‘Brace yourself, Richard.’
I looked up from hammering another nail into my showbiz career. I’d been penning my ninth letter to the people at X Factor complaining yet again about their constant attempts to misrepresent it as a ‘musical talent show’.
‘What’s wrong, Jude?’ I asked as I carefully crossed the ‘f’ and spelled Louis Walsh’s name the way I think it was always meant to be spelt. ‘You’ve not been eating eggs again? You know they don’t agree with you…’
My darling wife tapped her piece of toast on The Guardian. ‘Have you read this?’ she asked.
‘Not yet,’ I replied. ‘I was going to leave Stephen Fry’s latest article of technowangliness for my morning ablution. Though, to be perfectly honest, I don’t know why I’m bothering. I go out of my way to pen him a poem and he hasn’t got the politeness to drop by and read it. You do know that a real poet reviewed me? And she compared me favourably with Lord Byron.’
Judy gave me a lightly buttered scowl. ‘You sure she wasn't recommending another session with Tanya Byron?’ she asked, as quick as that. If she'd been as witty as quick on the show, we might never have got cancelled. ‘Tanya did a bang up job with you,' she continued. 'I never thought she’d help you get rid of that habit of randomly shouting out the names of Kaisers whenever you got stressed.’
‘You were saying about the paper,’ I prompted.
‘Oh, yes. It’s about your blog...’
I paused, pen in mid air, wondering what was coming. I had a nervous uncle to whom it was wise to avoid mentioning Libya. Just the mention Tripoli and he'd start singing like Vera Lynne. Judy has a similar response at the merest mention of my blog. Which made it odd that she'd brought it up and was not singing about the White Cliffs of Dover. ‘They’ve reviewed it quite favourably,’ she said.
I dropped my pen. ‘Prince Frederick William Albert Victor of Prussia!’ I screamed.
‘Oh dear,’ she said, giving me a withering look.
‘What did they say? They mentioned my poetry, right?’
‘Not exactly,’ she answered and went about reading out the little blurb they’d written about you-know-who.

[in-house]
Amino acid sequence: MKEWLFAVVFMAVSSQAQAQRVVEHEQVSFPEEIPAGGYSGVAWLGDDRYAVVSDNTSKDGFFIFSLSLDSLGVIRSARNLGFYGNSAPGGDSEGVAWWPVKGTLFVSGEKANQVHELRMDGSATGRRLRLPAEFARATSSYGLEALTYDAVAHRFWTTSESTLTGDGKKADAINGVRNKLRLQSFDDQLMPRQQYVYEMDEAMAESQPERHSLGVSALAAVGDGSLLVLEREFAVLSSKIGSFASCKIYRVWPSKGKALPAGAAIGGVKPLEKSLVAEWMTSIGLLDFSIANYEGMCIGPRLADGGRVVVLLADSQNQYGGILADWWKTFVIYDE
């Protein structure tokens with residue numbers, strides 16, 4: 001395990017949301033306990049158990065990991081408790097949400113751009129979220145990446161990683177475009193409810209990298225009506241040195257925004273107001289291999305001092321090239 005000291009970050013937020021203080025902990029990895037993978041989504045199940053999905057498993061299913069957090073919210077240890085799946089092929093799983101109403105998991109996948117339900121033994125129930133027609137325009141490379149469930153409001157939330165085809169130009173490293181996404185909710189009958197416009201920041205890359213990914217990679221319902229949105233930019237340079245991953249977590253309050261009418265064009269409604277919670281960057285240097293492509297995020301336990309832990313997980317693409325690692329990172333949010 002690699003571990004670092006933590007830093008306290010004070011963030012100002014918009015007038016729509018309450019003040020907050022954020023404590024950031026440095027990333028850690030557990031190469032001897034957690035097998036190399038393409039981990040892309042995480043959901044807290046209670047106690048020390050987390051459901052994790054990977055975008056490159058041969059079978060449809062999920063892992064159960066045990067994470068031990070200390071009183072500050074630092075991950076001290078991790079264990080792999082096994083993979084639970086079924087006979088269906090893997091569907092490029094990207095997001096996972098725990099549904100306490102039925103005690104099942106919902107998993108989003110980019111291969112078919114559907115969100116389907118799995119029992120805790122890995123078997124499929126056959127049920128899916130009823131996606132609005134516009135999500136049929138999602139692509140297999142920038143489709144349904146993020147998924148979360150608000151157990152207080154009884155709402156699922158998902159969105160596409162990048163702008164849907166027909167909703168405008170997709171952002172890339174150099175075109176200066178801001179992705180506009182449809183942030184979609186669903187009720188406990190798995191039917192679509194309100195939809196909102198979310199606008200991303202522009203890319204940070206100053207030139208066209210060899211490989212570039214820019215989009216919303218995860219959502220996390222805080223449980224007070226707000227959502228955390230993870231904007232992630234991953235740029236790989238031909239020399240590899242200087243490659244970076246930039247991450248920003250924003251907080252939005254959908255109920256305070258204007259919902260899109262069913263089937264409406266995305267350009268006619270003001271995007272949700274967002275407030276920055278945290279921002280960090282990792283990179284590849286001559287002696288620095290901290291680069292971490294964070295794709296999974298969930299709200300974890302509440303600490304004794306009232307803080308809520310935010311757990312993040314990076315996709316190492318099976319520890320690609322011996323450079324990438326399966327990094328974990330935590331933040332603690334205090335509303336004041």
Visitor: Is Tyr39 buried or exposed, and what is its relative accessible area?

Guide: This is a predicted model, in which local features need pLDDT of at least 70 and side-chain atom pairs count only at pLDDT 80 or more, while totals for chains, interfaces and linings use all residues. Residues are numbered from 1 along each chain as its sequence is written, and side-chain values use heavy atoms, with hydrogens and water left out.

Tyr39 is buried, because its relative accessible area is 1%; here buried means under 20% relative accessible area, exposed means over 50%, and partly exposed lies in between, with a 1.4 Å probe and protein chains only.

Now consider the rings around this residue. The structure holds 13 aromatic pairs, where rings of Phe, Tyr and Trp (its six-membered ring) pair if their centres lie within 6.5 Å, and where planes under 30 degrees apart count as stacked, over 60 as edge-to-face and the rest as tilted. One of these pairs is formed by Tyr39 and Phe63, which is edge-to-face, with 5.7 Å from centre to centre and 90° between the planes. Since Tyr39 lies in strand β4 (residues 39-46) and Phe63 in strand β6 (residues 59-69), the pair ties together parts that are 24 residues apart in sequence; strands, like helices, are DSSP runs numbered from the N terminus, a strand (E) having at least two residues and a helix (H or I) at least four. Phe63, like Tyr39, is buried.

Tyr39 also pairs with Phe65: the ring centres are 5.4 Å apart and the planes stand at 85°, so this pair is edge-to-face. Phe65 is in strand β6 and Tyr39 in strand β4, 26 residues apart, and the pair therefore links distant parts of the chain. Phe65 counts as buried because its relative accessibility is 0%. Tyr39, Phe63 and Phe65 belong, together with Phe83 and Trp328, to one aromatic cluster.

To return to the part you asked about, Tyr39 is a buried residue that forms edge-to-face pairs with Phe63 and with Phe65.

I listened carefully, as one does when hearing about oneself, occasionally humbly nodding my head or punctuating the reading with a round of applause. But by the time Judy reached the final full stop, she discovered me still sitting in my chair with a quizzical look besmirching my fine manly features.
‘Well, what do you think about that?’ she asked.
‘Fine’ I replied, ‘but what was that bit about “this blog may not be all his own work”. Whose work might it be?’
She shrugged as she turned the page over to the DVD reviews. ‘Can there be another man in this nation with such a strange set of preoccupations? If there is, I’d like to meet him, shake him by the hand, and then have him experimented upon. I would have thought you were quite unique, Richard. A bit like Les Dennis but without the humour.’
I snatched The Guide away from her and thumbed back to the blog reviews to read it for myself.
‘I don’t know... I seem to be below a website disapproving of rabbits. I don’t mind that at all. I thoroughly disapprove of rabbits. And I also have strong opinions on both hares and conies.’
‘Conies? I thought they were testicles,’ said Judy.
‘Well I disapprove of those too. Especially when they dig up our lawn.’
I finished reading the review a second time and glanced my eyes over the rest of the page. ‘All in all, I'm quite pleased with that. I’m in some fine company. I should prepare for a flood of traffic, eager to see the man newly liberated from Channel 4. I can now say and do what I like. You know, Jude, I could quite get used to this independence. I might write a little treatise on Fern Britain. I’ve always wanted to say a few things about the way she ruined This Morning.’
‘Poor Fred,’ tutted Judy, as she always does when she thinks of Liverpool. ‘We must remember to send him another care package this Christmas. Or perhaps we should ask him to come and stay with us. What do you say, Richard? Richard?’
The pencil snapped in my fingers and Judy cowered as the name of Frederick William Nicholas Charles of Prussia echoed through the house.